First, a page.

Frankie HeckThe Middle (2009–2018), played by Patricia Heaton. Like the Chance family on Raising Hope, the Hecks are a lower middle-class family (emphasis on ‘lower’), and have long ago stopped bothering to present themselves as otherwise. Their home is physically falling apart at the seams, yet somehow offers its own shabby coziness.

Frankie, as mother of three teens, and wife of laconic husband Mike, keeps a kitchen drawer full of expired coupons, and has been nearly worn down by life’s everyday struggles and setbacks. Still, she tries her best to muster enthusiasm for her kids’ ever-so-rare accomplishments, and clings to the little things in life that bring her some degree of solace — like watching her favorite TV mini-series or royal wedding, hopefully before the cable service is discontinued for unpaid bills.

Beverly GoldbergThe Goldbergs (2013–2023), played by Wendi McLendon-Covey.

Based on the program creator’s real-life family (the show uses their real names and incorporates original home video clips), mother Beverly is a first-class yenta and the ultimate loving, smothering mom who insists on calling her offspring by embarrassing terms of endearment, even in the presence of their friends (as opposed to husband Murray, who commonly refers to the kids as “morons”).

Bev has no qualms referring to her youngest son Adam as her favorite, while his siblings Erica and Barry look on. McLendon-Covey (a Reno 911 alumnus) is a whirlwind of motherly nurturing run amuck, determined not to let the ways of the world hurt her kids, as she employs whatever means possible to slow down their growth and inevitable exit from the nest.

Whether she’s interfering with their life in school — browbeating the principal into submission for any perceived slight or reprimand he’s given them (usually deserved) — Bev can be counted on to go too far, thus sabotaging her own best intentions, but is eventually forgiven for her motherly zealousness by her exasperated but understanding family.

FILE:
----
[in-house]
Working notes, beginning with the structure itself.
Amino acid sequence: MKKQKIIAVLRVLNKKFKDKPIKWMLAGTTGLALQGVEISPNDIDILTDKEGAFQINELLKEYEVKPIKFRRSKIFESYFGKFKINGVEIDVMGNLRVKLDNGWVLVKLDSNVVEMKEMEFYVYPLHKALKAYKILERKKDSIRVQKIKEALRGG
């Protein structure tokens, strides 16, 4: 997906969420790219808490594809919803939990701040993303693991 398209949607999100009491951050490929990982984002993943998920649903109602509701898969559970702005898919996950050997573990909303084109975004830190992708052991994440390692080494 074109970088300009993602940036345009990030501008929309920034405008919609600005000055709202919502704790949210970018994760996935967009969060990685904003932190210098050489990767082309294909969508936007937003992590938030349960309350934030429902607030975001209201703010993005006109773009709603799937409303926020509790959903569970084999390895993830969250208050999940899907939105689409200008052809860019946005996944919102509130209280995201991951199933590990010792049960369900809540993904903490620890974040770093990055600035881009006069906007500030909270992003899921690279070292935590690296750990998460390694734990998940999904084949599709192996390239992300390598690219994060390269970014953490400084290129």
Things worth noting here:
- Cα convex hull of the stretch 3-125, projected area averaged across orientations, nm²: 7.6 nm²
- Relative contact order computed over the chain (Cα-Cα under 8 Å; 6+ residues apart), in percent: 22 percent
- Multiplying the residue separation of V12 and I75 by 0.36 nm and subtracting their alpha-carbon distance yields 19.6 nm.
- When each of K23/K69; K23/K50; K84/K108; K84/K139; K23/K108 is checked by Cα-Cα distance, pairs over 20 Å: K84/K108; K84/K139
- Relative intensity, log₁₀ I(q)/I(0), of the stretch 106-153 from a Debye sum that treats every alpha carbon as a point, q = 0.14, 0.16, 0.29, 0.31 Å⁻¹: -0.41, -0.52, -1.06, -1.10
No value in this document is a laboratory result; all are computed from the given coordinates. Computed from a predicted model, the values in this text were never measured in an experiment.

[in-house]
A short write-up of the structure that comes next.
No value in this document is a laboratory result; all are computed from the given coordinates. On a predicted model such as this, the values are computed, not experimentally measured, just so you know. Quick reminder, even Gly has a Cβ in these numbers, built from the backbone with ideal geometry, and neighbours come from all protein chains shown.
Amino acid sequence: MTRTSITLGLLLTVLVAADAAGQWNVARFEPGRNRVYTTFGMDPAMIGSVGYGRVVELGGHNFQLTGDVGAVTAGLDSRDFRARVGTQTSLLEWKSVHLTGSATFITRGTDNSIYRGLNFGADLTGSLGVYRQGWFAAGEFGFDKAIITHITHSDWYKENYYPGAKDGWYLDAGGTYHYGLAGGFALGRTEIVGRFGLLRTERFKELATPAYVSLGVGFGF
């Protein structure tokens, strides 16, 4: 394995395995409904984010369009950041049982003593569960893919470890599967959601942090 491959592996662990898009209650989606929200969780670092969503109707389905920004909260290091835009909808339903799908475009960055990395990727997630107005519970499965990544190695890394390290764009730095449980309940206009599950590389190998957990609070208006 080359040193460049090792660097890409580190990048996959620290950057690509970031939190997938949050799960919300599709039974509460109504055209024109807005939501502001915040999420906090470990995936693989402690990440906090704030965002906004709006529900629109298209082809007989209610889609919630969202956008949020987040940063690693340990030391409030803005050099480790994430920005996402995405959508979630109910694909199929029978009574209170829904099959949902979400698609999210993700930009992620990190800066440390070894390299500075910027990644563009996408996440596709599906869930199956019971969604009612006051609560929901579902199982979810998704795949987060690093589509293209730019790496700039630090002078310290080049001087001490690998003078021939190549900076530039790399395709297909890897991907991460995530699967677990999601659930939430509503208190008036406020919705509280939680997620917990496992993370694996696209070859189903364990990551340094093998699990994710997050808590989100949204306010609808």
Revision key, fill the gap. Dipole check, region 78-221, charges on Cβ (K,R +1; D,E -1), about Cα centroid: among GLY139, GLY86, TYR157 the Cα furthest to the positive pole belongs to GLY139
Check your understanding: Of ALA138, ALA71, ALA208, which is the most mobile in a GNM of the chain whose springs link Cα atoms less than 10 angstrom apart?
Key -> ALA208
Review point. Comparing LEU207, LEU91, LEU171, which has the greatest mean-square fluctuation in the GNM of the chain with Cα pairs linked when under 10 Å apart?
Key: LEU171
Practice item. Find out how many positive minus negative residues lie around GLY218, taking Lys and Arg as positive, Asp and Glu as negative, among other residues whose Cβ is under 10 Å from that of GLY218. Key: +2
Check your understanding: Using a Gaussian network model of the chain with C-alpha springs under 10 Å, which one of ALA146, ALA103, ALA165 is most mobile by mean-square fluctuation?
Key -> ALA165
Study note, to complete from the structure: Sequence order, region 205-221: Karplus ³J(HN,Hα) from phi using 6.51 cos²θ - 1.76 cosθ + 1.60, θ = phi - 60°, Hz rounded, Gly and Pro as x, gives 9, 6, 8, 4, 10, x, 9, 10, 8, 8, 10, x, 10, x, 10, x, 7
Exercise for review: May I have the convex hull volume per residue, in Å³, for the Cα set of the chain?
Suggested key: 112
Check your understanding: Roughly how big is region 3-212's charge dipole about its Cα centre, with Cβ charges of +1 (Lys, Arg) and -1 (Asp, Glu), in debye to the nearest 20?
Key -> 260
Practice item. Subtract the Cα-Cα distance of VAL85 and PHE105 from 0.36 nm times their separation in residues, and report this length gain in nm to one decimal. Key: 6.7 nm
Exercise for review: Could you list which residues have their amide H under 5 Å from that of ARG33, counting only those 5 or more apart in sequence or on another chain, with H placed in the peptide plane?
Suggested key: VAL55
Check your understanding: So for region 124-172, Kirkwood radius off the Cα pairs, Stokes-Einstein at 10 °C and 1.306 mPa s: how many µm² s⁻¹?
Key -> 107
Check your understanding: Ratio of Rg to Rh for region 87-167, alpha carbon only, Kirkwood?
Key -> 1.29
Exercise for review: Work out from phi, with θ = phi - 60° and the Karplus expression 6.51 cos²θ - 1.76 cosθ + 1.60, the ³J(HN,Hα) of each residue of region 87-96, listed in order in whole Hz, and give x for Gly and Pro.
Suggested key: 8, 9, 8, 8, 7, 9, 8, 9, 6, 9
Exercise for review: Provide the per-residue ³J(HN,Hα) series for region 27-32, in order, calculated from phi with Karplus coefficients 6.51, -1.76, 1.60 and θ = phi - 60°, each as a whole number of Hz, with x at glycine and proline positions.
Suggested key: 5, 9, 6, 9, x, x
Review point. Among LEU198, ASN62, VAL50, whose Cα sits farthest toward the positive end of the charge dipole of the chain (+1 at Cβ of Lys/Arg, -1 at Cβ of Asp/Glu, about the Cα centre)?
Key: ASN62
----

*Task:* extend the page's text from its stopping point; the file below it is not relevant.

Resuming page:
Bonnie Plunkett Mom (2013–2021) Allison Janney has won multiple awards, including an Emmy, for her comic portrayal of a recovering alcoholic and drug abuser as she, her daughter Christie (also in recovery, played by Anna Faris), struggle to stay sober and make something of their lives.

We see them meet regularly at AA meetings with their close friends and sponsor, as they seek happiness in healthy, meaningful relationships. And it’s a hoot. Creator/producer Chuck Lorre (The Big Bang Theory, Two and a Half Men) has the characters tackle tough personal issues, and suffer occasional setbacks, but the show sustains its humor throughout, which is quite a remarkable achievement, given the overall theme of the series.

Anna Faris abruptly left the program just before filming began for its final season. And, as you probably already know, the show can be easily found in syndication, and is likely to enjoy a long after-life in reruns.

Katie OttoAmerican Housewife (2016–2021). Katy Mixon made her mark as the stoner sister on Mike & Molly before getting the lead in this sitcom. The Otto family resides in wealthy, trendy, and snooty Westport, Connecticut (due to husband Greg’s college teaching job), where they stick out like a family of sore thumbs — for they are neither wealthy, nor trendy.

The pudgy, unkempt Katie, however, is no pushover, and remains determined to push back against the town’s snobbery (while attempting to keep her own dignity intact), clashing with younger, slimmer trophy wives who look down their reconstructed noses at her strictly middle-class ways. She also uses her natural cynicism and tough exterior to keep her own kids in line — and sentiment at bay — whenever she suspects they’re in the midst of putting a scheme over on her. Even when dealing with their various problems, Katie encourages them not to be swayed by their classmates’ more privileged lifestyles. She even makes the occasional effort to connect with her offspring in a…well, semi-sincere manner.

A truly mixed bag of TV sitcom mothers, to be sure, but each is a comic gem in her own way, and a treat to watch for her particular idiosyncrasies and methods of attaining some semblance of appreciation from her family. Certainly, one special day every year is the least they deserve.

Until next time…

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Garry Berman

Pop Culture historian, Freelance Writer, Author, specializing in American comedy history in films, radio, and TV. Beatles and jazz enthusiast, animal lover.